The on-court portion of the 2015 NBA Draft Combine began Thursday, which included live scrimmages and athletic testing of all prospects in attendance. The athletic portion measures lane agility, shuttle run, three-quarter court sprint, standing vertical leap and max vertical leap. These measurements help scouts get an idea of how prospects will manage when going up against some of the best athletes they’ll see on a regular basis in the NBA. Which prospects benefited the most, and least, from their results?
3. Marcus Thornton
6-3 180 PG/SG William & Mary Senior
Thornton is undersized for a scoring guard, and the thought was he’d have to improve his playmaking skills in order to make it in the league as a point guard. Well, his athleticism testing might prove otherwise.
Thornton had the fastest three-quarter court sprint at 3.02 seconds, and was tied for 12th in lane agility at 10.96 seconds. Thornton tied for third in the standing vertical jump at 34.5 inches, and tied for second in max vertical jump at 43.0 inches.
These numbers show that the separation he was so easily able to get at William & Mary was no joke, and he should be able to get his own shot at the NBA level as well. At nearly 6-3 with a 6-7.75 wingspan, Thornton has enough length to guard either backcourt position defensively, and the athleticism to keep up as well. These numbers will help Thornton, even if he doesn’t get drafted on draft night.
2. Larry Nance
6-9 225 PF/SF Wyoming Senior
Another mid-major who outperformed his expectations athletically, Nance is a smart, energetic power forward who surprised me with his results and might have pushed himself into a second-round pick.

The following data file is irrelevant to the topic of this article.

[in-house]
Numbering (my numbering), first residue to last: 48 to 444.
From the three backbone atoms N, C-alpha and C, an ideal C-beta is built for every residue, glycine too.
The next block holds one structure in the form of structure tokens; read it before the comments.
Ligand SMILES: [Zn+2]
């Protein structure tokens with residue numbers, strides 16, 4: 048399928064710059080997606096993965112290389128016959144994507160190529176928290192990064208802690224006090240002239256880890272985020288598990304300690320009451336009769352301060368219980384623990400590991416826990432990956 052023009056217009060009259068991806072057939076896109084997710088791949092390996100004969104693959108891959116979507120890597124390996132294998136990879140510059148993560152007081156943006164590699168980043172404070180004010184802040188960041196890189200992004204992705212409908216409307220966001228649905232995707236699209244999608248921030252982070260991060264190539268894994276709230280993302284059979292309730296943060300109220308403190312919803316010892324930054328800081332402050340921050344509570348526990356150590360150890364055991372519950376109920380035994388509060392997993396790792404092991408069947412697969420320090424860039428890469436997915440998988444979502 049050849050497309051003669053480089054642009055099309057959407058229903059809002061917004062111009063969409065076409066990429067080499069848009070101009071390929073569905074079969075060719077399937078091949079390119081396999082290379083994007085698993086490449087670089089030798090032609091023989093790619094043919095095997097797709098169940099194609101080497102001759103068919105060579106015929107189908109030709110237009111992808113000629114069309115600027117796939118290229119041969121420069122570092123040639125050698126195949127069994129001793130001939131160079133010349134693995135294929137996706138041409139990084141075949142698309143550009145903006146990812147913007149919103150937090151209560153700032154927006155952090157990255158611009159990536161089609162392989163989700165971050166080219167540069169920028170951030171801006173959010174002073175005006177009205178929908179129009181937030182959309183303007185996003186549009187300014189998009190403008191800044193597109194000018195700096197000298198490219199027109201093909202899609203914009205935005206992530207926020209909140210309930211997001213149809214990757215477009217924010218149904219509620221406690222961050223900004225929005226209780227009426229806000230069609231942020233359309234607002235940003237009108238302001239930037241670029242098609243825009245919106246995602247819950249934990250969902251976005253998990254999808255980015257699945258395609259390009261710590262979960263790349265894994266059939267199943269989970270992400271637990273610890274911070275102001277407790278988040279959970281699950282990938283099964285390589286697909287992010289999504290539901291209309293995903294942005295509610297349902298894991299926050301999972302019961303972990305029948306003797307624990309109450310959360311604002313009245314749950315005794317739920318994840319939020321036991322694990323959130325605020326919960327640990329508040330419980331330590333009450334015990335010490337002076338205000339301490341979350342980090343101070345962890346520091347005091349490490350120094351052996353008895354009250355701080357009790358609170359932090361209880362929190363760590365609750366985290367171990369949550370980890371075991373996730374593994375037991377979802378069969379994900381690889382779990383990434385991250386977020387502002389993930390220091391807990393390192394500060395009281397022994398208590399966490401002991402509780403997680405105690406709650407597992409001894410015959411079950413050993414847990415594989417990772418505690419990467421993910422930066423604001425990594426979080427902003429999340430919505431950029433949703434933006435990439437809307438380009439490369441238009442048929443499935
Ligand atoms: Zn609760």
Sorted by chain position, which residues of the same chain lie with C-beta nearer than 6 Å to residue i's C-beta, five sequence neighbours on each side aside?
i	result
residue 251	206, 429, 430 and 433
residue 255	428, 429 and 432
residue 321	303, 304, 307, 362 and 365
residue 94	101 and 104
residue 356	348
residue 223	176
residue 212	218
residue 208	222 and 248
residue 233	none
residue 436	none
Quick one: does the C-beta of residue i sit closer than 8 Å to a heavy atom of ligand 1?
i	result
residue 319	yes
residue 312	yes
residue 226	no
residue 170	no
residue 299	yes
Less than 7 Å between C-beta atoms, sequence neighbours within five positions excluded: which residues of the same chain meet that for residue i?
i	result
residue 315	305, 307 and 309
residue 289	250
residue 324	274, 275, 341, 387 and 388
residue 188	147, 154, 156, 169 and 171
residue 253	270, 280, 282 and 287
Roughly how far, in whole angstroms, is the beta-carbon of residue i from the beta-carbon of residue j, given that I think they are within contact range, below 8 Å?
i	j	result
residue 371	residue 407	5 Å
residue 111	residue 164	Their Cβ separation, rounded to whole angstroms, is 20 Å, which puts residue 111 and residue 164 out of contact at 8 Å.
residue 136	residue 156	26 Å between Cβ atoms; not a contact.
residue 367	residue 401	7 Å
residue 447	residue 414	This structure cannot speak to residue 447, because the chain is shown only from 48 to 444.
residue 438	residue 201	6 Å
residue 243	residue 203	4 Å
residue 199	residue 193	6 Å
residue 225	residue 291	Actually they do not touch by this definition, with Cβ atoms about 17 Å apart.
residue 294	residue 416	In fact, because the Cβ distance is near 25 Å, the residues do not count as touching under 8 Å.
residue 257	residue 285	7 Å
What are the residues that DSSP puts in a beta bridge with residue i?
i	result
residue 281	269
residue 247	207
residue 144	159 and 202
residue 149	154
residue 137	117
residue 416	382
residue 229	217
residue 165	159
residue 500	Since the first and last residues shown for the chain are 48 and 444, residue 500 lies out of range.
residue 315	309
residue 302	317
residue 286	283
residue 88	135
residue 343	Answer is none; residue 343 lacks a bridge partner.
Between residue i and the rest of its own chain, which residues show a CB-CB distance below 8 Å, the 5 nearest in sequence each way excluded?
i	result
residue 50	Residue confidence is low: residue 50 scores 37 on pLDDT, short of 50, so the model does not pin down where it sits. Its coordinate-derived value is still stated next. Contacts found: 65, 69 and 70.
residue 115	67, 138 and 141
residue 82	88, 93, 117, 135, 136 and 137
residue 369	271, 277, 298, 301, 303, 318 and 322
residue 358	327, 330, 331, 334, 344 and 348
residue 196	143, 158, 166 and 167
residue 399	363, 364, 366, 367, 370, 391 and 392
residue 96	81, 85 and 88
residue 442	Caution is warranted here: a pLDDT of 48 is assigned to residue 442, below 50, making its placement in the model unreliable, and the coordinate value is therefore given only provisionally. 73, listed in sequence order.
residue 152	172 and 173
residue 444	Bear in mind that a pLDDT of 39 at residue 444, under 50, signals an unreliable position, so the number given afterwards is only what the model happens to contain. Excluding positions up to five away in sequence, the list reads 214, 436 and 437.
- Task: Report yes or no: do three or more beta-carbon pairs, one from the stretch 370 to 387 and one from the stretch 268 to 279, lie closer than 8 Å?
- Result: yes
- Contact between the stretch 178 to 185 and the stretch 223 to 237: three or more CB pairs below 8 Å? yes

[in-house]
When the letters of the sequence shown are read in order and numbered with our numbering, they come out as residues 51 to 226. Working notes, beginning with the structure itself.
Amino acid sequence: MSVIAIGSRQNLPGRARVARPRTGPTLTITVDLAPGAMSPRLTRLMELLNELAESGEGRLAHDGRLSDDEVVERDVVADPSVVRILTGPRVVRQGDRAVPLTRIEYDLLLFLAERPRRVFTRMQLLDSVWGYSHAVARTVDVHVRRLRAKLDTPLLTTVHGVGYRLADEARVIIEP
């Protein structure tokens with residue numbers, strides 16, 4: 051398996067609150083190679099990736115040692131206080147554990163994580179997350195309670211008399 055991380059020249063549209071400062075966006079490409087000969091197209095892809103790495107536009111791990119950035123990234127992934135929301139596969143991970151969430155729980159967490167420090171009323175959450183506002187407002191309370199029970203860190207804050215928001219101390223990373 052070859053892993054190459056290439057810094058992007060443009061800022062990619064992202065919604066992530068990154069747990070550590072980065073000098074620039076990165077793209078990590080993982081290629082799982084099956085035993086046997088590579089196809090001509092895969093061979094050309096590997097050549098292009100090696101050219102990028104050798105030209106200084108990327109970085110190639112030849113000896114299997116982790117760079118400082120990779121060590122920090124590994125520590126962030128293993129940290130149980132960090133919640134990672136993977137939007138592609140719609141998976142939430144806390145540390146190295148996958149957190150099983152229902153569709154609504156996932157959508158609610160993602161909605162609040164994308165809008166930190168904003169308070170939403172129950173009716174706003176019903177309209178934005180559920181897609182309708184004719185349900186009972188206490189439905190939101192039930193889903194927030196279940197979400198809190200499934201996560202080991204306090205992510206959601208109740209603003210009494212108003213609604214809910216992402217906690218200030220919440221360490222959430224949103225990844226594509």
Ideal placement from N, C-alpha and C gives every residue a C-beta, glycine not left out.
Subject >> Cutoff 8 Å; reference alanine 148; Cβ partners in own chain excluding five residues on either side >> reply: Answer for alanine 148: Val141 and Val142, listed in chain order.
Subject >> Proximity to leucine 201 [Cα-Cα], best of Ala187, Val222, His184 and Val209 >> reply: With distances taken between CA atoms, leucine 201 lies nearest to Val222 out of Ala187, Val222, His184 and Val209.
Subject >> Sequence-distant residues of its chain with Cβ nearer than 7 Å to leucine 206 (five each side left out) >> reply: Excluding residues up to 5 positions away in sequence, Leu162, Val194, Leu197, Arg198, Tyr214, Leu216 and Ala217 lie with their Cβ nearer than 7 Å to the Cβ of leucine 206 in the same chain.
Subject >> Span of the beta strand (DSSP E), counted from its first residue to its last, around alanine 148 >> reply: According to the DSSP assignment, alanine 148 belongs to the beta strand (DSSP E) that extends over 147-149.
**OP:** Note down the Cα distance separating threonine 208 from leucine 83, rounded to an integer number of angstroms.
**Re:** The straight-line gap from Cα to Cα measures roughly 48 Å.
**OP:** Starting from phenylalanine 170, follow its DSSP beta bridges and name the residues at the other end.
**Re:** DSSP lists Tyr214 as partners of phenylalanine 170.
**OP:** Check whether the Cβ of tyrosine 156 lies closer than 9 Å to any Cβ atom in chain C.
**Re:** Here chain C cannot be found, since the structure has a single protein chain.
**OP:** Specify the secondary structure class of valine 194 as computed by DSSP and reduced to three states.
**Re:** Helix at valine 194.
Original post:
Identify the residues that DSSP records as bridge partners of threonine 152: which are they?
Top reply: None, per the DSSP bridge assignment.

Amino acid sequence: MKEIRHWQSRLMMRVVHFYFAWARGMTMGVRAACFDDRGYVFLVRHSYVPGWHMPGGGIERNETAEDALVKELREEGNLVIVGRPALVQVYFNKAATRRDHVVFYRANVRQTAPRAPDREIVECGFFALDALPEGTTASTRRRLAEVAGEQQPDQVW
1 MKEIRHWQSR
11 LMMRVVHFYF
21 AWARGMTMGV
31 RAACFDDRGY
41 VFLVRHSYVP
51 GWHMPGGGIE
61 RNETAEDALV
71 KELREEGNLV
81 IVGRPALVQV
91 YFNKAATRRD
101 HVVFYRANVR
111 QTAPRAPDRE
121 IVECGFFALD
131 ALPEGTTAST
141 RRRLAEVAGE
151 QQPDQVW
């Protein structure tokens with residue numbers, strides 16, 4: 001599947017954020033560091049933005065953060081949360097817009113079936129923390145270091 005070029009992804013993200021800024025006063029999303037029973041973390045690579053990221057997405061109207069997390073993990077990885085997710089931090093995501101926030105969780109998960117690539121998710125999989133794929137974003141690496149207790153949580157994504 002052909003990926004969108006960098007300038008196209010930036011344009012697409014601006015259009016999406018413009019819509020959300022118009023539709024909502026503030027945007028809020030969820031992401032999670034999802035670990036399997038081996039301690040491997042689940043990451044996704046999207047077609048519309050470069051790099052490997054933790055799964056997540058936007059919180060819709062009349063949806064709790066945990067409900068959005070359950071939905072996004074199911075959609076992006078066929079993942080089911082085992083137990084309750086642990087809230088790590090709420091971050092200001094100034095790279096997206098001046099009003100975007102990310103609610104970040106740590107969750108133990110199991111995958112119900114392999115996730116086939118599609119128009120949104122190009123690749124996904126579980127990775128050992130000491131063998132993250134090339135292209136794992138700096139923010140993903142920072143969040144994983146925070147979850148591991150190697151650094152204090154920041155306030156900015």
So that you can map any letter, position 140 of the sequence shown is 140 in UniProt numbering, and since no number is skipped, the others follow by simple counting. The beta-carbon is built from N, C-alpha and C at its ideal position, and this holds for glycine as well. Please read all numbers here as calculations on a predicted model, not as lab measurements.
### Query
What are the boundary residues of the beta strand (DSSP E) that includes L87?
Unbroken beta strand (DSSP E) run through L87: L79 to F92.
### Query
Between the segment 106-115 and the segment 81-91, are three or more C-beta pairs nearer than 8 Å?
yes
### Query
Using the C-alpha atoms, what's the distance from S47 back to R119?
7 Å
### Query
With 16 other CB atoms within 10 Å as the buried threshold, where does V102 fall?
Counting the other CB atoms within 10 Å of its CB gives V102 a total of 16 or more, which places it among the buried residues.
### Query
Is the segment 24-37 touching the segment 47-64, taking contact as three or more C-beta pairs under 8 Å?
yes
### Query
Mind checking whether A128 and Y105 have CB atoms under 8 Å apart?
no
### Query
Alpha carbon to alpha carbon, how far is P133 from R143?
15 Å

Nance tied for the highest max vertical among all frontcourt players participating in testing at 37.5 inches. Nance was also the second-quickest three-quarter court sprinter out of all power forwards at 3.25 seconds, only five-tenths of a second behind Branden Dawson.
On top of that, he was the quickest frontcourt player, finishing the lane agility drill in 10.89 seconds. These numbers bode well for Nance, who still needs time to fill out his frame to compete at the NBA level, as he’s only 225 pounds at this stage. He shows the versatility and awareness of an NBA player, but must continue to work on his game to make an impact in the league.
1. Pat Connaughton
6-5 215 SG Notre Dame Senior
Perhaps most shouldn’t be quite as surprised as I was when Pat Connaughton registered the second-highest max vertical in NBA Combine history at 44.0 inches. A two-sport athlete at Notre Dame, during interviews, Connaughton acknowledged that he would be an even better player had he focused solely on basketball.
With a 44-inch vertical, it’s easy to see how he might translate seamlessly in the space-oriented NBA, as he shot 42.3 percent from three as a senior at Notre Dame. He also averaged 7.4 rebounds, showing the toughness needed to play power forward in college.
It’ll be important for Connaughton to show he can defend NBA-level guards while being able to handle the ball as a secondary ball handler, as he’ll be playing on the perimeter purely in the NBA. Connaughton was off my radar as a second-round pick before this, but he has himself squarely in the mix after an impressive athletic showing at the combine.